Our second installment of The Beer Education Project at Electric Burrito fell in the month of October, and so it wasn’t too difficult deciding what angle to use to teach and preach good beer.

Oktoberfest in a Mexican joint? Yes, and it’s called Oktober-Fiesta.

The plan was to take a look at the history of the Munich festival and the history of the beer, while sipping our way through three German versions of the style, and three Iowan versions. While I’d had the Iowa beers pretty well lined up, a glitch at Raccoon River made one  of our planned Oktoberfests disappear. Our consolation prize was a growler of Django, a tasty bier de garde that served as our welcome beer as we waited for everyone to arrive for the formal tasting and “class.”

To replace Raccoon River, I picked up a sixer of Sam Adams Octoberfest to maintain my promised six beers. Our second glitch came as we tucked into Beer #5, which was supposed to be an Oktoberfest from the Rock Bottom in West Des Moines. However, it was clear from the get-go that the server had given us the wrong beer. This was a hoppy amber ale of some sort. A good beer, but not an O-fest.

So, the beers: Oktoberfests from Warsteiner, Spaten, Hacker-Pschorr, Sam Adams, Millstream and (supposedly) Rock Bottom.

While our first tasting was a lesson in the brewing process and a walk through a variety of beer styles, this one was designed to tease out the differences among beers in a single style. I knew I’d enjoy it, and was pleased that even the least beer savvy attendee could easily notice the inflections of the various beers, to say nothing of the vast stylistic change with the mystery Rock Bottom brew.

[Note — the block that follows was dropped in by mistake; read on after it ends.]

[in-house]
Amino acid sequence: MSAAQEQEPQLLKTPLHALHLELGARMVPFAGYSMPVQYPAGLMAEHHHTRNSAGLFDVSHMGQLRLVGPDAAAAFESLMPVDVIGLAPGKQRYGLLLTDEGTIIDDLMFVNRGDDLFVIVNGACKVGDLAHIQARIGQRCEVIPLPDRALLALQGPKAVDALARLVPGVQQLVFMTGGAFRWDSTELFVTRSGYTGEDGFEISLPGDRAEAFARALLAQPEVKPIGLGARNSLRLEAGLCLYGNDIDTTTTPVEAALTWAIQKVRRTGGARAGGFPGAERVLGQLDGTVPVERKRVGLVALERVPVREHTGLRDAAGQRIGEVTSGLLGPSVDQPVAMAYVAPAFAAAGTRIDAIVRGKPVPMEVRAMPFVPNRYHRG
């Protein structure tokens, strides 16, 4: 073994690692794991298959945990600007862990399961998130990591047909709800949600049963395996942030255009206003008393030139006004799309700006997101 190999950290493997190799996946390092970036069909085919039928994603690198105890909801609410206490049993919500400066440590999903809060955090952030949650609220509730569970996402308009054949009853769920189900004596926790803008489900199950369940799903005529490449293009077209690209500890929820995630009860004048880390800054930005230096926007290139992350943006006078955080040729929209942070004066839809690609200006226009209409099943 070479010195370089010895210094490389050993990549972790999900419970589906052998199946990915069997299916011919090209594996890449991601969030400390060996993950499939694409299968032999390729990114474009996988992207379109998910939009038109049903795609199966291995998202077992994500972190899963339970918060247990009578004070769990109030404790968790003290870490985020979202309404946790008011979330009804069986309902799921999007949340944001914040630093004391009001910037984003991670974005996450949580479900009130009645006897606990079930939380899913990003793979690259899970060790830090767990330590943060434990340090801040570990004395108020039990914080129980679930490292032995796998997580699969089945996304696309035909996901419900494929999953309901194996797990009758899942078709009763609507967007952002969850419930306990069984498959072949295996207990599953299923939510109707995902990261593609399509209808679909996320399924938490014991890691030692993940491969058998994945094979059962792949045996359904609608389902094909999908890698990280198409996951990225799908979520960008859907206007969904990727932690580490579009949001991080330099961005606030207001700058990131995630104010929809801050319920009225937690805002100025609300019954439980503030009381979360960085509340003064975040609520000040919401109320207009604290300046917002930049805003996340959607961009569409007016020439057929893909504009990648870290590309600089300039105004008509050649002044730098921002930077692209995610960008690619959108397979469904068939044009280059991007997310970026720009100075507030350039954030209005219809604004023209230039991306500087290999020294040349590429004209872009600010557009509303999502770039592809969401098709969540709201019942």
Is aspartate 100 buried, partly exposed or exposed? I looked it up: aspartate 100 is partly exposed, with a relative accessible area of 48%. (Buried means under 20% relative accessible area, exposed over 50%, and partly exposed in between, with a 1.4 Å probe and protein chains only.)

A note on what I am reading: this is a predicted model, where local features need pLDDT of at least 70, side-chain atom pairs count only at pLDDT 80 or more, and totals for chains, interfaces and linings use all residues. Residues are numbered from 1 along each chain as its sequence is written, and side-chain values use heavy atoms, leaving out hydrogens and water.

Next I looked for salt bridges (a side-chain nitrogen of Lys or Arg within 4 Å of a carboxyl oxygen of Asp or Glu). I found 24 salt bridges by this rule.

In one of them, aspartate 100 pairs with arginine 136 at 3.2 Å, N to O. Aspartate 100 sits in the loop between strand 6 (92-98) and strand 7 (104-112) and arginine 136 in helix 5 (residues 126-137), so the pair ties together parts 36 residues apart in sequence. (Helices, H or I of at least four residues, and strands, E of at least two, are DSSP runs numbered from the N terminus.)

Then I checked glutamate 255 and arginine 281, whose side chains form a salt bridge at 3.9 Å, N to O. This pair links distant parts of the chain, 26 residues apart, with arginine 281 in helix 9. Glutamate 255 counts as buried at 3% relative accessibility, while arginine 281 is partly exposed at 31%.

The Warsteiner was the lightest in color and dealt out a very Vienna, toasted character. Spaten and Hacker-Pschorr both brought in a more substantial malt nuance and a little sweetness, the latter quite honey-ish as it warmed. The Sam Adams brought in noticeable hop flavor and aroma, while the Millstream had a heavier bittering dose.

For my part, I was partial to the Hacker-Pschorr, then the Spaten, but just by a touch. Then the Warsteiner. The Sam beat out the Millstream as a drinkable beer, but did it resemble a Munich Oktoberfest? I shrug my shoulders, because of the hop profile. Good beers all, I should say. Great style for the weather, for the fall, for the changing leaves.

And a great educational evening of comeraderie.


3 Responses to Oktober-Fiesta

  1. […] of the Oktoberfest style, and we learned a little history in the process. For a full report, click here, as I put all the beery details on the other blog, […]

  2. Glenn says:

    I love O’fests and this time of year, so I’ve been doing my own annual personal O’fest comparisons. Strictly my opinions based on significant tastings 😉 And still have more to go through!

    1. Foothills (Jaimie is a hell of a brewer..wonderful beer!) 2. My homebrew O’fest (never had a keg kick that fast!) 3. Carolina Brewery 4. Pauliner 5. Sam Adams (usually so-so on it, but this years is really good to me!) 6. Highland Brewing(new this year, they nailed the style!) 7 Warsteiner(on draft only.. a little “light” for my tastes) 8. Carolina Brewing Company 9. Harpoon (didn’t like)

  3. Good Burp says:

    I agree with you on the Hacker-Pschorr. But my favorite this year was “Dogtoberfest from Flying Dog. Their Marzen seemed to have the better balance of flavor. See if you can find it. I think you really will enjoy it.

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